Friday, April 24, 2009

Saturday Sacrament, April 25, 2009

This week I'm going to review truffles from Intrigue Chocolates, which have a use by date of May 15, 2009, so your Chocolate Priestess wanted to make sure she utilized them for a Sacrament at the height of freshness. The reason for this expiration date is that these are made in the French tradition which, instead of using a ganache coating over the truffle, only dusts it with cocoa. Thus it cannot remain good for as long as the hard-coated variations. The package these came in used very few unrecycleble materials, if that matters to you, Sisters and Brothers, as I think it should. The truffles themselves list no artificial ingredients or preservatives and have chocolate as the first ingredient; however, I do not know the amount of fats or cholesterol in each piece because neither the information I received nor the website offers nutritional lists.

Intrigue sent me 11 samples of the huge variety of flavors they offer -- I counted 68 flavors on this list. Look at them below; the beautiful colored foil makes them look like gems, and each color represents a flavor on this little list in each of the gift boxes. Of these, I'll try 11 of the flavors, coconut not being your Chocolate Priestess's choice for any flavoring, but I think trying 10 of 11 will give me ample time to reveal their nature as a potential Sacrament for you, Sisters and Brothers. This revelation, though, will take several hours again, so I can truly submerge myself in each truffle and allow the chocolate to fully enhance my connection to the divine to the degree it is capable.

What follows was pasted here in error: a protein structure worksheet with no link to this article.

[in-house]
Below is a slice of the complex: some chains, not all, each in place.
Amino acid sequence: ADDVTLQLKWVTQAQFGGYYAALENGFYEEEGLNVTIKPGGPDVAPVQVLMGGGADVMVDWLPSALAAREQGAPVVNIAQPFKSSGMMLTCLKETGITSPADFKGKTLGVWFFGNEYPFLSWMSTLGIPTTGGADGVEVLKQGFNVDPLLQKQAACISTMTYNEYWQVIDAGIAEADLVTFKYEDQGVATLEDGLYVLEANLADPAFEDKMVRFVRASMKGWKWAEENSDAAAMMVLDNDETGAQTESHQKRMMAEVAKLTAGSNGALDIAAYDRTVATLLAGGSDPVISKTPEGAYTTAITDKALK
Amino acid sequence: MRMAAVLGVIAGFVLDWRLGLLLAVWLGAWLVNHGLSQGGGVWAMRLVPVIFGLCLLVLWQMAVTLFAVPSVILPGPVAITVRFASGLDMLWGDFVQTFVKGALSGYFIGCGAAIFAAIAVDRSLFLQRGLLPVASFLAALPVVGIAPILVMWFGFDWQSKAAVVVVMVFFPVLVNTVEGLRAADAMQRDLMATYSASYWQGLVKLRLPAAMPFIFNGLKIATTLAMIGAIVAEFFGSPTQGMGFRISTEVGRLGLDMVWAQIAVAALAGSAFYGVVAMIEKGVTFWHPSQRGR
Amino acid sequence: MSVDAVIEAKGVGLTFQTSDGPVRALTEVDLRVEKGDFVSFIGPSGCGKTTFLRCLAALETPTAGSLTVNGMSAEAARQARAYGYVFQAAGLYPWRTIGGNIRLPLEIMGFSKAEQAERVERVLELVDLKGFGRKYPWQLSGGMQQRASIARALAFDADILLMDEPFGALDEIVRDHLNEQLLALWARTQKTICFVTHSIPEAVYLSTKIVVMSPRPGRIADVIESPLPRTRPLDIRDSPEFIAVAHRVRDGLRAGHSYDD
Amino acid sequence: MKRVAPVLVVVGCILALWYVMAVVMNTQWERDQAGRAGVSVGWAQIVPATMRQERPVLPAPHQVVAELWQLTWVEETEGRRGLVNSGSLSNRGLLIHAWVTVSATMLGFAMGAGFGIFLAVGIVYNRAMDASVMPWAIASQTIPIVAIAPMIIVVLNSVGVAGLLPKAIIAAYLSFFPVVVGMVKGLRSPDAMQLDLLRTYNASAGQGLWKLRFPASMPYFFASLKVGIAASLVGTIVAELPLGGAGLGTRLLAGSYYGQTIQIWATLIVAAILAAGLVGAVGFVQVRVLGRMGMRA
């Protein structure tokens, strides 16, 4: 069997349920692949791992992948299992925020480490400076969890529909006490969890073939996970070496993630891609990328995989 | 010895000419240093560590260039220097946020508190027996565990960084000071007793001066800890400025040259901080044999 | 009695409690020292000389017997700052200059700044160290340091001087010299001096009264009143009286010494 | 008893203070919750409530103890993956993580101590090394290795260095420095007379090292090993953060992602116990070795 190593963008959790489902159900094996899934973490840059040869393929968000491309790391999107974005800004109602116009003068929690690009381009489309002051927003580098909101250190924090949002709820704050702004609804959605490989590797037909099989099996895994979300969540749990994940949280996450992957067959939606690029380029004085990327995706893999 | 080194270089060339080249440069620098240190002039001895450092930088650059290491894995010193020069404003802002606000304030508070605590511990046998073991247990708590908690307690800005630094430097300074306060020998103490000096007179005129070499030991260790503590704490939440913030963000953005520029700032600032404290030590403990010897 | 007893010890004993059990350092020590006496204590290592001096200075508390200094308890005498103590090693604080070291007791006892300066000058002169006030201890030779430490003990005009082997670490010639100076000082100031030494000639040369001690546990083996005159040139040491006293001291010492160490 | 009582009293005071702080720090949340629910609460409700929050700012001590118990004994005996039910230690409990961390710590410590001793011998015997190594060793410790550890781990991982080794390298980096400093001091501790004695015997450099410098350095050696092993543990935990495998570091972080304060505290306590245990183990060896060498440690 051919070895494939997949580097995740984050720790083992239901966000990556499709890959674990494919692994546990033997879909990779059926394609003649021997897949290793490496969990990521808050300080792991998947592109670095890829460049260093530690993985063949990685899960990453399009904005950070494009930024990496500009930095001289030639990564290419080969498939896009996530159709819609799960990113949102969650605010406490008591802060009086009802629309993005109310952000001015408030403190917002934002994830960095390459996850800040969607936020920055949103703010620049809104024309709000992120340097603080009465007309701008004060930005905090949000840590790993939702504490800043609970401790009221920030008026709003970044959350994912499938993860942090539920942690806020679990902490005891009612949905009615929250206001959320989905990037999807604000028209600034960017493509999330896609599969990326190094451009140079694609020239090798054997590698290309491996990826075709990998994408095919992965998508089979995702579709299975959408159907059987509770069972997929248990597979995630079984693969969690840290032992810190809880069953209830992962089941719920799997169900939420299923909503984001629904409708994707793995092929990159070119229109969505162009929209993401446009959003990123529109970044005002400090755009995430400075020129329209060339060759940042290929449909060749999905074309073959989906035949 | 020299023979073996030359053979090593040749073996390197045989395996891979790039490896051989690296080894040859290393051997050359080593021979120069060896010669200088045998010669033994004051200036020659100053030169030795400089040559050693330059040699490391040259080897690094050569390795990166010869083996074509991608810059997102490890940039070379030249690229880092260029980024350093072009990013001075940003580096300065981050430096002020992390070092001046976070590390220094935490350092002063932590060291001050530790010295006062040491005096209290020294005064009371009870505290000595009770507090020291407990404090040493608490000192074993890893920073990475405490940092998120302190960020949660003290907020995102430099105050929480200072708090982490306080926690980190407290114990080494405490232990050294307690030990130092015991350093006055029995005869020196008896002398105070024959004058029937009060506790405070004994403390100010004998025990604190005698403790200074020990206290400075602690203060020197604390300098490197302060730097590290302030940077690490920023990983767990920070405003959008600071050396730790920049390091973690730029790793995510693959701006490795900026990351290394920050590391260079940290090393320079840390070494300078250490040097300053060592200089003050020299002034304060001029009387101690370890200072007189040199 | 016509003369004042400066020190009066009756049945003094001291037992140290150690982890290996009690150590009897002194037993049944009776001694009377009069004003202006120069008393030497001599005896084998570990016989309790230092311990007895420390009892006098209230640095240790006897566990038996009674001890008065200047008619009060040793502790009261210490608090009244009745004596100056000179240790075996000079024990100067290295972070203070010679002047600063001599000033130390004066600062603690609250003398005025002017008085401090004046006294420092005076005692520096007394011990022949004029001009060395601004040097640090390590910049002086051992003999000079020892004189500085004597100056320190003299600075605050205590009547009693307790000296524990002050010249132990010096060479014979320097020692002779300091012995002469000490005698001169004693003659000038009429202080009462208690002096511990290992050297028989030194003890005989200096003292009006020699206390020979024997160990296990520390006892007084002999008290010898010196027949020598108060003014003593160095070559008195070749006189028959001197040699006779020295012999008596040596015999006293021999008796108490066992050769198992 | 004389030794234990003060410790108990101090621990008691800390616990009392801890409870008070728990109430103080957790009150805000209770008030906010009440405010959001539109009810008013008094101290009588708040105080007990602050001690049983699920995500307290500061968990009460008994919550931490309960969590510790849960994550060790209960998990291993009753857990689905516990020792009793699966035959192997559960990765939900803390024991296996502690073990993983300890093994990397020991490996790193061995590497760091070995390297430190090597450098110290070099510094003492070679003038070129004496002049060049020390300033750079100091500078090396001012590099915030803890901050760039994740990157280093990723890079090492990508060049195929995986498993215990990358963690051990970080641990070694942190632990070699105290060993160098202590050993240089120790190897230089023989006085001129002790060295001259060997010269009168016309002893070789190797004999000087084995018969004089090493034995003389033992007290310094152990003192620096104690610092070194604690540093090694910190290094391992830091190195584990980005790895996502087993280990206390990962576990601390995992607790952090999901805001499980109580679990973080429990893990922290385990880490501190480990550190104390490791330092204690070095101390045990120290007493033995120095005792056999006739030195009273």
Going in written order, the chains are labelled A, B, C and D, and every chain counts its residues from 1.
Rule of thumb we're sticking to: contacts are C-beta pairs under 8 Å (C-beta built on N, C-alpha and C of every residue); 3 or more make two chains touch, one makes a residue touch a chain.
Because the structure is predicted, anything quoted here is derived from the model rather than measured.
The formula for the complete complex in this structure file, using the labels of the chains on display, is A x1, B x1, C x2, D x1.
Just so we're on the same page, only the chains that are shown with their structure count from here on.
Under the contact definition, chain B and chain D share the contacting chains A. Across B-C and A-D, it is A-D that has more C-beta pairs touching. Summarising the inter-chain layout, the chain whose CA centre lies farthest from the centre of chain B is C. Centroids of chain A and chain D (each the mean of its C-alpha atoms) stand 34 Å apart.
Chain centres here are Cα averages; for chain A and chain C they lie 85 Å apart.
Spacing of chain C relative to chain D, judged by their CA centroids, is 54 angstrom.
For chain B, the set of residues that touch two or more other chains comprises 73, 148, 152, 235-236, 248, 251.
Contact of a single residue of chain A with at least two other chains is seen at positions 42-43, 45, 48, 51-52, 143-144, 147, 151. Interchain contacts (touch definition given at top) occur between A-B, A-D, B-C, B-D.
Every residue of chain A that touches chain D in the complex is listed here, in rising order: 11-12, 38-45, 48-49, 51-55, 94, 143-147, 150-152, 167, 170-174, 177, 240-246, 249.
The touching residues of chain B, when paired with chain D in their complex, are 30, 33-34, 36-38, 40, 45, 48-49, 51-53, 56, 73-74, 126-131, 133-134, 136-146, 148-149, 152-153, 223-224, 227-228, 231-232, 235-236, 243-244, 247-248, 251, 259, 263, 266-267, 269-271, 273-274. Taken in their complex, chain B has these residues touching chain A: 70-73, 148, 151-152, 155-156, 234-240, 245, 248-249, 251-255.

Below you see two Cabernet-Merlot truffles, the only two matching flavors in offering. They came in merlot-colored foil so were easy to identify from the other flavors. Any discoloration here is probably because I could not try them as you would in the store. Since they are made from fresh and often organic ingredients without that hard coating, they can spoil. These are perfectly fine, but all chocolate and cocoa will discolor over time. Each measures 1 1/8 inches in diameter and is about .75 inches in height. The immediate scent when I easily unwrapped the merlot foil is of cocoa, pure and simple.